Thursday , September 24 2020
This is a good debut album despite some hiccups.

Music Review: CalatrilloZ – ‘Psalms of Zahyin’

Psalms of Zahyin
CalatrilloZ is more than a band. They are musical entertainers. Members Zahyin (vocals), Mobius (bass), Azriel (guitars), Vargovar (guitar), and Jimmy Sticks (drums) have embraced theatrical personas, creating a “circus troupe of wanderers” complete with elaborate costumes, make-up, and detailed individual backstories. The eccentric quintet, formed in 2009 in London, United Kingdom, put together in their debut album Psalms of Zahyin, slated to be released in June, six progressive symphonic rock/metal tracks.

The album is in itself quite a production, often cinematic in the images it conveys. The melodies are catchy, the instrumentation often builds up to orchestral levels, and the lyrics sweep listeners into big choruses. The lead single, “I Am Alive”, is a good representation of what the group is all about, in which every frenzied note is carefully plugged in. Its lyrics walk the boundary between hope and despair: “I’m alive/Nobody knows what will be/But I will survive/C’mon, racing towards the end”.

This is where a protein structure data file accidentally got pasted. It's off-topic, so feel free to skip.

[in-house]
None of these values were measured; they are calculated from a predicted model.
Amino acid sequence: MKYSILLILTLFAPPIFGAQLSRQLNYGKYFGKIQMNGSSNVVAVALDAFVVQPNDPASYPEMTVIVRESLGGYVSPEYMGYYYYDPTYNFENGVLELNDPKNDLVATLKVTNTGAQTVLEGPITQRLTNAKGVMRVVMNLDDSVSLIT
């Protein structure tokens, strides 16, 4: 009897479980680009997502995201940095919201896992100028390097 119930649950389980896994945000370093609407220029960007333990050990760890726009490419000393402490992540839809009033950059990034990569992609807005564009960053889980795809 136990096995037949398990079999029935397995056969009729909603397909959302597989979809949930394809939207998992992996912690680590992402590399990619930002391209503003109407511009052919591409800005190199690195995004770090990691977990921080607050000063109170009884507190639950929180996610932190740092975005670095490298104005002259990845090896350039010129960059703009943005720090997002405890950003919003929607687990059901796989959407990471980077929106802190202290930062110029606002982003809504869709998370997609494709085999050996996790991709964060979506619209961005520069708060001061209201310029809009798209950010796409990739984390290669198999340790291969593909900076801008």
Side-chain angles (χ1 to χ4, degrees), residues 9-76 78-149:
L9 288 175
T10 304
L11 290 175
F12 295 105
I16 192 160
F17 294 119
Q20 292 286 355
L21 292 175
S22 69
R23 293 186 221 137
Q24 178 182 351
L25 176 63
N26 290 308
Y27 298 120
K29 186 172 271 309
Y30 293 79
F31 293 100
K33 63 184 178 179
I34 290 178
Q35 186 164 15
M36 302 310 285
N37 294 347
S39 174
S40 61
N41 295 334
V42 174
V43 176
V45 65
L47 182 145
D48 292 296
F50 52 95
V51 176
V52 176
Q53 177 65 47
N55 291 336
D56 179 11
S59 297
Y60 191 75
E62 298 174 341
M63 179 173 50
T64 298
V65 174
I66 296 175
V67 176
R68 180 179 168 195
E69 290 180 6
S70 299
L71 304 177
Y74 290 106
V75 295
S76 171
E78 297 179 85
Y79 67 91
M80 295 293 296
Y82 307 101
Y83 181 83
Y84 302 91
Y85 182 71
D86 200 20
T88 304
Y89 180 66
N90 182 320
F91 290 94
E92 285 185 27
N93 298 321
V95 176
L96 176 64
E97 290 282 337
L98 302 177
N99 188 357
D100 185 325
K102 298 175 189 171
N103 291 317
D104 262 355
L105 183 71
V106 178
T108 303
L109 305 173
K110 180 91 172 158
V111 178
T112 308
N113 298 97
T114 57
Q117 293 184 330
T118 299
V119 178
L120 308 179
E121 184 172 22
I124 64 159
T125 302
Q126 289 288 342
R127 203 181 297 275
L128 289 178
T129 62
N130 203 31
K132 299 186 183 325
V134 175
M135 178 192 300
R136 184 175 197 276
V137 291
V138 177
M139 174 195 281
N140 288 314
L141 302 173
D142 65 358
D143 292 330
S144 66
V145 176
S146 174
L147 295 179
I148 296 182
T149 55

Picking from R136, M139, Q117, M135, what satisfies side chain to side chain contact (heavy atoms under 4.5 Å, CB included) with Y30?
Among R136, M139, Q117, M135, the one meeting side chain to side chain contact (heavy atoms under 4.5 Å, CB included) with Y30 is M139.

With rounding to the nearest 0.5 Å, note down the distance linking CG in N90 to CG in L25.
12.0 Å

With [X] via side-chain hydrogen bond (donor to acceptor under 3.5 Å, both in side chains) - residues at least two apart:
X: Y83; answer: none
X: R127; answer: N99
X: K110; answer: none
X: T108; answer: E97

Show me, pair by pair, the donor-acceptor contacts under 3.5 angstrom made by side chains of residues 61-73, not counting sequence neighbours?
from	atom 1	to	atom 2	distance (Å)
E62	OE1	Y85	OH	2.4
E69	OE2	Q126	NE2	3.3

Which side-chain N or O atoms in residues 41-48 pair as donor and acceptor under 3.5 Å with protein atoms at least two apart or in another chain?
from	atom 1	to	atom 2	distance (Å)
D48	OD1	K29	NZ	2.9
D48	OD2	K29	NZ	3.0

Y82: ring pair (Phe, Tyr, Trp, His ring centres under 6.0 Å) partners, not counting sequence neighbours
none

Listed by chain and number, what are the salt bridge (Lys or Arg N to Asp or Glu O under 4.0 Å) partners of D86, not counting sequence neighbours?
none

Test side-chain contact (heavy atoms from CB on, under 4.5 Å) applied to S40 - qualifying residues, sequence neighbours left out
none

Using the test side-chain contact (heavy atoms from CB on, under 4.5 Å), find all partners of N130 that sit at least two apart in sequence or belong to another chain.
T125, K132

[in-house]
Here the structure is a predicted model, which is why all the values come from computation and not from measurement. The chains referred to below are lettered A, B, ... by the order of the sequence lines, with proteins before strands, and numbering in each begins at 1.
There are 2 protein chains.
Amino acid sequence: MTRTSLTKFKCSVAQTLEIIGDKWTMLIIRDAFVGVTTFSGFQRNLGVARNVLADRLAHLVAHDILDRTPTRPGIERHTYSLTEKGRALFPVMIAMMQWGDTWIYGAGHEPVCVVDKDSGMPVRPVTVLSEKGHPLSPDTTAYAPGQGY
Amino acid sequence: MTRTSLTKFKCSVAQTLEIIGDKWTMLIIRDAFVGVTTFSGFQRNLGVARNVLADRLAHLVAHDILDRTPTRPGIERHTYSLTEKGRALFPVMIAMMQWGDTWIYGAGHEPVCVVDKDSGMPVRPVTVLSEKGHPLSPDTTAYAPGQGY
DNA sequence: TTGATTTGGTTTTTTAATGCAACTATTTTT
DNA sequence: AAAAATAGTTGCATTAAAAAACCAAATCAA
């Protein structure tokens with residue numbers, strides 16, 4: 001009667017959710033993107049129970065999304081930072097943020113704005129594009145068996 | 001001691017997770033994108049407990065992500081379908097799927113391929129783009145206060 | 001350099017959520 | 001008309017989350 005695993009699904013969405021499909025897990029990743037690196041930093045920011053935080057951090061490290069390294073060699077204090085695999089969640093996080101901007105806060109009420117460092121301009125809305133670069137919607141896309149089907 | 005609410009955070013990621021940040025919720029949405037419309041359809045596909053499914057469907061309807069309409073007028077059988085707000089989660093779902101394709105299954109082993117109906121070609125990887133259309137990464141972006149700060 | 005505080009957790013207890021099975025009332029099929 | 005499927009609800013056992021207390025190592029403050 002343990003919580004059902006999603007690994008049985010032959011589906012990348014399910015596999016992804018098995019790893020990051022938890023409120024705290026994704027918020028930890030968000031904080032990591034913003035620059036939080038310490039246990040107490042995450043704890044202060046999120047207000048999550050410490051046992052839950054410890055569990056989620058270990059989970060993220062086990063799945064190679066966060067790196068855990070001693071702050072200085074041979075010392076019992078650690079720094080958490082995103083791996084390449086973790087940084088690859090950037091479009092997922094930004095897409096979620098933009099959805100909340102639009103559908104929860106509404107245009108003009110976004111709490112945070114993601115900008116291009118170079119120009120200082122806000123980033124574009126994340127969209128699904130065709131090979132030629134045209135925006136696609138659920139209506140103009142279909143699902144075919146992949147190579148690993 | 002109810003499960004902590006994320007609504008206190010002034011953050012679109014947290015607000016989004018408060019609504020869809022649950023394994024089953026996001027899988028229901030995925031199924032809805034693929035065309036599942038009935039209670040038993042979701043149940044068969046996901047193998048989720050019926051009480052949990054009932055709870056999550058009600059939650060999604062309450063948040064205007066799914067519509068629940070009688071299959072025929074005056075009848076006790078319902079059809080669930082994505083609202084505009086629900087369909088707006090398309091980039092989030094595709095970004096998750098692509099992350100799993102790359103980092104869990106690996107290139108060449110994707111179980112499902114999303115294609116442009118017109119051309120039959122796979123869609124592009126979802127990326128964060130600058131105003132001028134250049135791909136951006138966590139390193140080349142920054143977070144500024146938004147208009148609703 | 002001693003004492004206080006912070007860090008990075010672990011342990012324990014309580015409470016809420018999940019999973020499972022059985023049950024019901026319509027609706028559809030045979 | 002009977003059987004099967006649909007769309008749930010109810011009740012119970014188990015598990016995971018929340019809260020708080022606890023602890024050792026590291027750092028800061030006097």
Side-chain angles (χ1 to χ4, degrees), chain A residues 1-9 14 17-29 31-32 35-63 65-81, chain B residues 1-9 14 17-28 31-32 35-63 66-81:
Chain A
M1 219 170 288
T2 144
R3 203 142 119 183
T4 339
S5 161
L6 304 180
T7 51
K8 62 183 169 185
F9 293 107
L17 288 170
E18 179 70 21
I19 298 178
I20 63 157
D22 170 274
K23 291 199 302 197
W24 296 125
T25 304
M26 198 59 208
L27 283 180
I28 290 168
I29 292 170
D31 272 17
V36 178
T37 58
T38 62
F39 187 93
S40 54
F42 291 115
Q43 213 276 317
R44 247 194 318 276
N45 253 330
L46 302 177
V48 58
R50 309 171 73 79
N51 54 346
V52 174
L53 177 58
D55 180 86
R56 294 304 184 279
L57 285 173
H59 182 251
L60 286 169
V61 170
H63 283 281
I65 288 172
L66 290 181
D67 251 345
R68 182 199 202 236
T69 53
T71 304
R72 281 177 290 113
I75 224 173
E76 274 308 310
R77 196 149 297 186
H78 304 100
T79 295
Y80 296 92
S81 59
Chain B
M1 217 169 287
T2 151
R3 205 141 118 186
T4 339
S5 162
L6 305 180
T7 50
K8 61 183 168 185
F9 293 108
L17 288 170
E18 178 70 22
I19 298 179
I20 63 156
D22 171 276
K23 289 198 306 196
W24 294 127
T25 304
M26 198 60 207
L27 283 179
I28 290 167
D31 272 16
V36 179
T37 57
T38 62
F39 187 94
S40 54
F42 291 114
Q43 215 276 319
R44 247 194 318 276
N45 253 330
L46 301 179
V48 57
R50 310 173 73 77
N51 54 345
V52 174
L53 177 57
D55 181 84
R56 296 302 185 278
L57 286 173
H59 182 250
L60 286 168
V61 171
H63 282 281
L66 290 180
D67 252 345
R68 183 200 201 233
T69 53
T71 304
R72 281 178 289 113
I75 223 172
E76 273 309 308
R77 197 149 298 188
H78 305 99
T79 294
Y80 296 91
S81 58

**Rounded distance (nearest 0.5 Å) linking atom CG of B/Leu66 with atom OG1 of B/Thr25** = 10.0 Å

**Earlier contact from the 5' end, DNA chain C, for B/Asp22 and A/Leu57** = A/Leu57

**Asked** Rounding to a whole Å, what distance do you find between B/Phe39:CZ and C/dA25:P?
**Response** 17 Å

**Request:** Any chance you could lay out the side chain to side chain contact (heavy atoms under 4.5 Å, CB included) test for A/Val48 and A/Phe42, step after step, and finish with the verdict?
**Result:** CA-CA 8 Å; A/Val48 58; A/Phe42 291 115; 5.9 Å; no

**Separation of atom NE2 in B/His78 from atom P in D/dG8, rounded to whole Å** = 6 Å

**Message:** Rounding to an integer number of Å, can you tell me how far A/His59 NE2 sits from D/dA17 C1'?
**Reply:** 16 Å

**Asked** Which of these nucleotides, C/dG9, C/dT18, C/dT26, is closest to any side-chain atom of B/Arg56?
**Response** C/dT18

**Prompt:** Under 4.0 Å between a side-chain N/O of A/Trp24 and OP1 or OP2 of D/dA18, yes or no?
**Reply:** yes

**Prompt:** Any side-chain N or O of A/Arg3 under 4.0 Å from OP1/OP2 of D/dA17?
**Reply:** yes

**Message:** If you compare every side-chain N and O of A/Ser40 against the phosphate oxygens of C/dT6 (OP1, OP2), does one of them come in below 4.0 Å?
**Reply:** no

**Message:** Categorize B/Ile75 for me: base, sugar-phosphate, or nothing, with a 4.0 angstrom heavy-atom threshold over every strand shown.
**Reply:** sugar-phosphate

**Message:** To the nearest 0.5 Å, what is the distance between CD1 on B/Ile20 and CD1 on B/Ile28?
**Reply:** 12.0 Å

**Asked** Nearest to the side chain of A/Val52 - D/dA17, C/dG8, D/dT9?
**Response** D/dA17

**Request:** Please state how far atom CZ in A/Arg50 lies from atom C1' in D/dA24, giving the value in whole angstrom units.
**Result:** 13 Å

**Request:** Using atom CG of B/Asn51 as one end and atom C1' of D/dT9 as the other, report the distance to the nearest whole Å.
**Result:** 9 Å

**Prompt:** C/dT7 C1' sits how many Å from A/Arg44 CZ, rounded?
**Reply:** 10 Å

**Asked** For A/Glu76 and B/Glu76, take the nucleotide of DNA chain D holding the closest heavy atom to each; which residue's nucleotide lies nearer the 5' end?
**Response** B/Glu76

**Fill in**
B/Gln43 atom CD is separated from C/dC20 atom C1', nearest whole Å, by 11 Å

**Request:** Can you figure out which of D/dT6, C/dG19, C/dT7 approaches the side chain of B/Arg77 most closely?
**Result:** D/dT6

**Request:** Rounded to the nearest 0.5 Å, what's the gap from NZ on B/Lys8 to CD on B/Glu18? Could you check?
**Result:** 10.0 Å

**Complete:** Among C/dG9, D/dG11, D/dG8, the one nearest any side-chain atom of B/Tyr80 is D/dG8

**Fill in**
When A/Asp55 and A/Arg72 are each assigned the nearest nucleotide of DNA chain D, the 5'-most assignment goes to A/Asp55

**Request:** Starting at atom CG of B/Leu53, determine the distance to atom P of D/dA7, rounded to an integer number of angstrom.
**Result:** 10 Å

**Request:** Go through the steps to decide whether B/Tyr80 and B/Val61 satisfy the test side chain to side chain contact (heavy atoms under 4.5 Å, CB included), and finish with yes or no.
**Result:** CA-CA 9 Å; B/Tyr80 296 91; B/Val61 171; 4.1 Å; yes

The other tracks on the album are all reminiscent of this same style, with some unique twists here and there. The operatic vocals kicking off “Origins” are an attention grabber, as are the Latin-sounding guitar lines. Opera also defines the beginning of the dark and ominous “Lords of Misery”, albeit only melodically, with elements piled on throughout: drums (adding a rock element), violins (giving it a “grandiose” feeling), tripping guitar melodies and drum beats, and a thumping bass (setting the track in metal territory). The band’s most extravagant side comes out in the stormy and dark “A Glimpse at a Fool’s Destiny” which features music reminiscent of a dramatic opera. The high tempo of the catchy “Z, The Psychopath” reflects not just the theme of the song, but the talent behind each instrument capable of keeping up.

While each track on this album makes for an interesting listen and tells a story in itself, it is difficult to understand the overall story, as the record doesn’t seem to have a connecting thread that binds its tracks together. This unfortunately counters the flamboyance of Psalms of Zahyin and undermines the promise given by the detailed backstories of being welcomed into much more than a collection of six tracks. There is nothing new in this album which can come as a source of great comfort to listeners tired of experimentation and looking for something familiar. More information is available on their official website and on their Facebook page.

Pictures provided by Independent Music Promotions.

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